I Just Don't Get It...

Thursday, June 18, 2009



I can remember when I was a kid, and my Dad was teaching me how to ride a bike...he would run beside me for about half a block, steering the bike, and would let go, telling me to steer and peddle. I ended up in the pine tree numerous times before I got it down.

Granted, my Dad did not exactly practice safety, but I survived the bumps, bruises, scrapped knees, elbows, of learning to ride a bike, and for me, and others like me, it was a part of growing up...you fell down, you got up, brushed it off, and went on learning to ride. If it was bad enough to go see Mom, it was a wash of the boo-boo with some soap and water, and a liberal does of this:



We learned to live with the little maladies that came with growing up...

But I digress...

Earlier this evening, while on my front porch enjoying a smoke and an adult beverage, I notice three young kids riding their bikes up and down the side walk. What struck me was not the fact they were riding their bikes, but what they were wearing while riding their bikes.

Each girl, probably about 7-9 years old each, and the younger boy, were wearing a helmet, knee pads, elbow pads, bright fluorescent yellow safety vests (think road workers), and training wheels. I have to say, I was astounded at this safety overkill. I mean, honestly folks, what has happened to this society that we feel the need to protect our kids from each and every ouchie-boo-boo that may come their way from being kids?

It is obscene that parents nowadays deem it necessary to keep kids immune from every childhood mishap, for fear of little Johnny or little Susie being permanently scarred for life because of falling off the monkey bars, burning their ass on a metal slide in the local park on a hot summer day, or having their thighs sticking to the vinyl in the car.

Let kids be kids, bumps, bruises, scrapped knees and elbows, notwithstanding.

They will survive.

3 comments:

Billy Ray in Cowtown June 19, 2009 at 8:33 AM  

I flew out to San Jose last month and spent a week with my 11 month old grandaughter. First day alone with her, she stumbled and hit the sidewalk with her face. Big forehead bruis, nose/wrist/knee scrapes. I figured my daughter would put me on a plane back to Texas. She just re-texted me back from work "Poor baby. She gets a lot of bruises."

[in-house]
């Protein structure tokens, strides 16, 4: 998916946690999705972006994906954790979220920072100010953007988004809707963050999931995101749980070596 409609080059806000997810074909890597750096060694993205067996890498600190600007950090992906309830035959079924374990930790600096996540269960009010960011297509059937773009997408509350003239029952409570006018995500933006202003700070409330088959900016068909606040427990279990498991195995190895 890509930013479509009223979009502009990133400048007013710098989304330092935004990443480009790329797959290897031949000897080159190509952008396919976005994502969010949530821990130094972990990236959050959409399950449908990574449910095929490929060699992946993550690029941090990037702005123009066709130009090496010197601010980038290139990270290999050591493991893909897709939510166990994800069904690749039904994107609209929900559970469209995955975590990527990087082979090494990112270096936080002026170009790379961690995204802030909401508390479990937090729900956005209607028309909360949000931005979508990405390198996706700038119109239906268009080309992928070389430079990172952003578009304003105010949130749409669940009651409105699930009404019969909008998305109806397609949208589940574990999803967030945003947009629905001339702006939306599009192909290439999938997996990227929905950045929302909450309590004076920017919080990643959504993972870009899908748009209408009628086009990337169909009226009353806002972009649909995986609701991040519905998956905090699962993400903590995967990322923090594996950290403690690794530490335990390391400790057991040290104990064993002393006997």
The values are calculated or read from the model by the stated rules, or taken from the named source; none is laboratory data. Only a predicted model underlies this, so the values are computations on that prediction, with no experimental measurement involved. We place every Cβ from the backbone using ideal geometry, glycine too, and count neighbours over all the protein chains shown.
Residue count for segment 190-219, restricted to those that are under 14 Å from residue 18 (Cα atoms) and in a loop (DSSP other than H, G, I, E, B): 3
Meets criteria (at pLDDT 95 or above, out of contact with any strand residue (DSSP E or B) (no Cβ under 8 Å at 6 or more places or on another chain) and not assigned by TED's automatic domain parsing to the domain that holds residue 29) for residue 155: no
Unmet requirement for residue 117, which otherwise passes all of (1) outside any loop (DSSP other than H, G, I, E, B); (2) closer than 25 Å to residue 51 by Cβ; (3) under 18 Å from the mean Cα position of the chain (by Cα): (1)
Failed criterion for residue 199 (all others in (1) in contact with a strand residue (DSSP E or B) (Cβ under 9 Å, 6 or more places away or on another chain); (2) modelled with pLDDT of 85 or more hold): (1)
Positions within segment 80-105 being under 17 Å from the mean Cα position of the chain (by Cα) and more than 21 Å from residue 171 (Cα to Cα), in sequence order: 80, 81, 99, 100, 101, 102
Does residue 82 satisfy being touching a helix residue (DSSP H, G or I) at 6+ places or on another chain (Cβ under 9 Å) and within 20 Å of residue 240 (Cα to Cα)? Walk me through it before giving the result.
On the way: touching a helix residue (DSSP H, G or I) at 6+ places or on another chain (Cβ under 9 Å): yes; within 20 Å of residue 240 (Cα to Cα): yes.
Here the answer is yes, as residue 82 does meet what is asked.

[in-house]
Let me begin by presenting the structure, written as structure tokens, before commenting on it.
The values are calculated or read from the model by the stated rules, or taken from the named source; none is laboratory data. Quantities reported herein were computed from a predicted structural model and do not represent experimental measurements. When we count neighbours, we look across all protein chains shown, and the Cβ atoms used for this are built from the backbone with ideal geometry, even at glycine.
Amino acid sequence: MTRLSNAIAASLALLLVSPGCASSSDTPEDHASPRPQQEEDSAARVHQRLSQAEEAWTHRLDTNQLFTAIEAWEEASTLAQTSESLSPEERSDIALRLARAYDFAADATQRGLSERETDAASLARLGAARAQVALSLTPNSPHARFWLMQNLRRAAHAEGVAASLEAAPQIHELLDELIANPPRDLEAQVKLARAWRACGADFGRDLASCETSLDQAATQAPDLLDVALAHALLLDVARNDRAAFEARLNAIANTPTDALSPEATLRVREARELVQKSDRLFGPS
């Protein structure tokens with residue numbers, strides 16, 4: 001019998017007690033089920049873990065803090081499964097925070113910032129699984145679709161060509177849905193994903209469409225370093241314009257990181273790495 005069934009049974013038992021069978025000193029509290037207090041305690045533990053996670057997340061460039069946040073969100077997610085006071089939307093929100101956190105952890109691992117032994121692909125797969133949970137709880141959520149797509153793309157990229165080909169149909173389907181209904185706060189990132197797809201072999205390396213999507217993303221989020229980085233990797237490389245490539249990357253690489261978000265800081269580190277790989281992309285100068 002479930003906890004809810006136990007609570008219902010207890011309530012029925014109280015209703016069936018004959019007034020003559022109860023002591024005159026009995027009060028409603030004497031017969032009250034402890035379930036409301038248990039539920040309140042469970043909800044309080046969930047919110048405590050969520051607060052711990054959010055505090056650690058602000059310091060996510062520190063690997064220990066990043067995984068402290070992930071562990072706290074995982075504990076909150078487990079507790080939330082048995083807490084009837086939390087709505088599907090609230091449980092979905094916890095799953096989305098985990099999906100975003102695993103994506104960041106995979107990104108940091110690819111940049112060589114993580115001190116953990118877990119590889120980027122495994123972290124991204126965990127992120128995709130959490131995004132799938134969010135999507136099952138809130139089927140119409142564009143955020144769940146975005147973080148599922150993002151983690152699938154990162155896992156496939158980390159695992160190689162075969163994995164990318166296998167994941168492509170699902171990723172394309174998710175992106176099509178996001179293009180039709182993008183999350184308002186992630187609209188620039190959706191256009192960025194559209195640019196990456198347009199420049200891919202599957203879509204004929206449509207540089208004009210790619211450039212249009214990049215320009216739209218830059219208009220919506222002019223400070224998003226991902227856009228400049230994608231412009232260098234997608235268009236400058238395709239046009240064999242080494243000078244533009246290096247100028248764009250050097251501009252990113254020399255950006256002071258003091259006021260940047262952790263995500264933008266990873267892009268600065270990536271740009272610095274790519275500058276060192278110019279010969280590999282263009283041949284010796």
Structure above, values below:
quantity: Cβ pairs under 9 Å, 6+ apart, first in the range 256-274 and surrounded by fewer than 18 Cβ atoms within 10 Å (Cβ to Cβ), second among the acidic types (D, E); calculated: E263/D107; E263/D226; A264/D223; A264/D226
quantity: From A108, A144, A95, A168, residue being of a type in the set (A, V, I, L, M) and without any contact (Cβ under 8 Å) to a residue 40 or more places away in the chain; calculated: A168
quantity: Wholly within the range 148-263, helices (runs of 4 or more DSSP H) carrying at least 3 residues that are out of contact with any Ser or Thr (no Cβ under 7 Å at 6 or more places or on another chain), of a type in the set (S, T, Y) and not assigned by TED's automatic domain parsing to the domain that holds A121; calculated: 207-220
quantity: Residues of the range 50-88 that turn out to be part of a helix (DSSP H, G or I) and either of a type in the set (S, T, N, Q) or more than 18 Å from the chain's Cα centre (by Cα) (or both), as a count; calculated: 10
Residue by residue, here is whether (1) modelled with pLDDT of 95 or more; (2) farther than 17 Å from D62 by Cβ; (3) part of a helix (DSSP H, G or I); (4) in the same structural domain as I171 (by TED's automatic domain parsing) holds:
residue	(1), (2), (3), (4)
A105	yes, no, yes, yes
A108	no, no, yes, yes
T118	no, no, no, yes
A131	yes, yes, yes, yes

I gotta say my kid's a throwback. She picks up a dropped pacifier (binky), wipes it on her pants leg and says, "A little dirt can't hurt."

Kids gotta get banged up to grow up. You protect them all the time and they're liable to grow up loony liberals.

See you Sunday. I'm headed to a 40 year class reunion in Sabinal, Tx. I went there in 4th & 5th grade so I know a lot of the kids. It's a small school so they do five grad. years together.

My own graduating class in Utopia was the biggest in years. There were 14 of us. Sabinal usually has about 20 to 30. Mostly ranchers & farm workers. Kids get to start hunting ALONE at around 12 or so.

We used to saddle up and stay out in the pastures from dawn to dusk, playing cowboys and indians on horseback. We'd ride to the river to swim and get a drink of untreated water & smoke pieces of grapevine like cigars. If you broke an arm, you had to get up on the horse to ride back to the house to find someone to take you 40 miles to the nearest doc.

Being a kid in the 50s was great. In second grade, I'd walk all the way across town (Lovington, NM) to play with my best friend. We didn't have phones so you just walked all that way just to see if the other was home. If we each had 50 cents, we'd walk to the theater in the town square and see a movie, eat candy and drink from the fountain.

It wasn't survival... it was just being a kid.

DammitWomann June 21, 2009 at 9:19 PM  

I still yearn for the "kids will be kids" lessons on life. We totally insulate them from every little nuance.

I wish that I had grown up like Billy Ray did - what a blast he had.

Billy Ray in Cowtown June 22, 2009 at 3:55 PM  

Some folks still live this life. My cousins in Utopia have sons and daughters who have never done anything but cowboy down in SW Texas. One recently moved up to Kaufman and his 8 year old son just shot his first wild hog with HIS 22 rifle.

The grandkids load up in their great grandpa's pickup to go feed the goats and sheep. They might talk "Pop" into saddling the horses and off they will go. They aren't allowed to swear around the house, so they might ask Pop if they can go to the corral and cuss. These boys and girls are 4 to 8 years old. They ride in a youth saddle club as a precursor to riding in ranch rodeo.

Ya'll should do July 4 in Utopia, Texas someday. It's just like being in the 50s except the cars and trucks have air conditioning.

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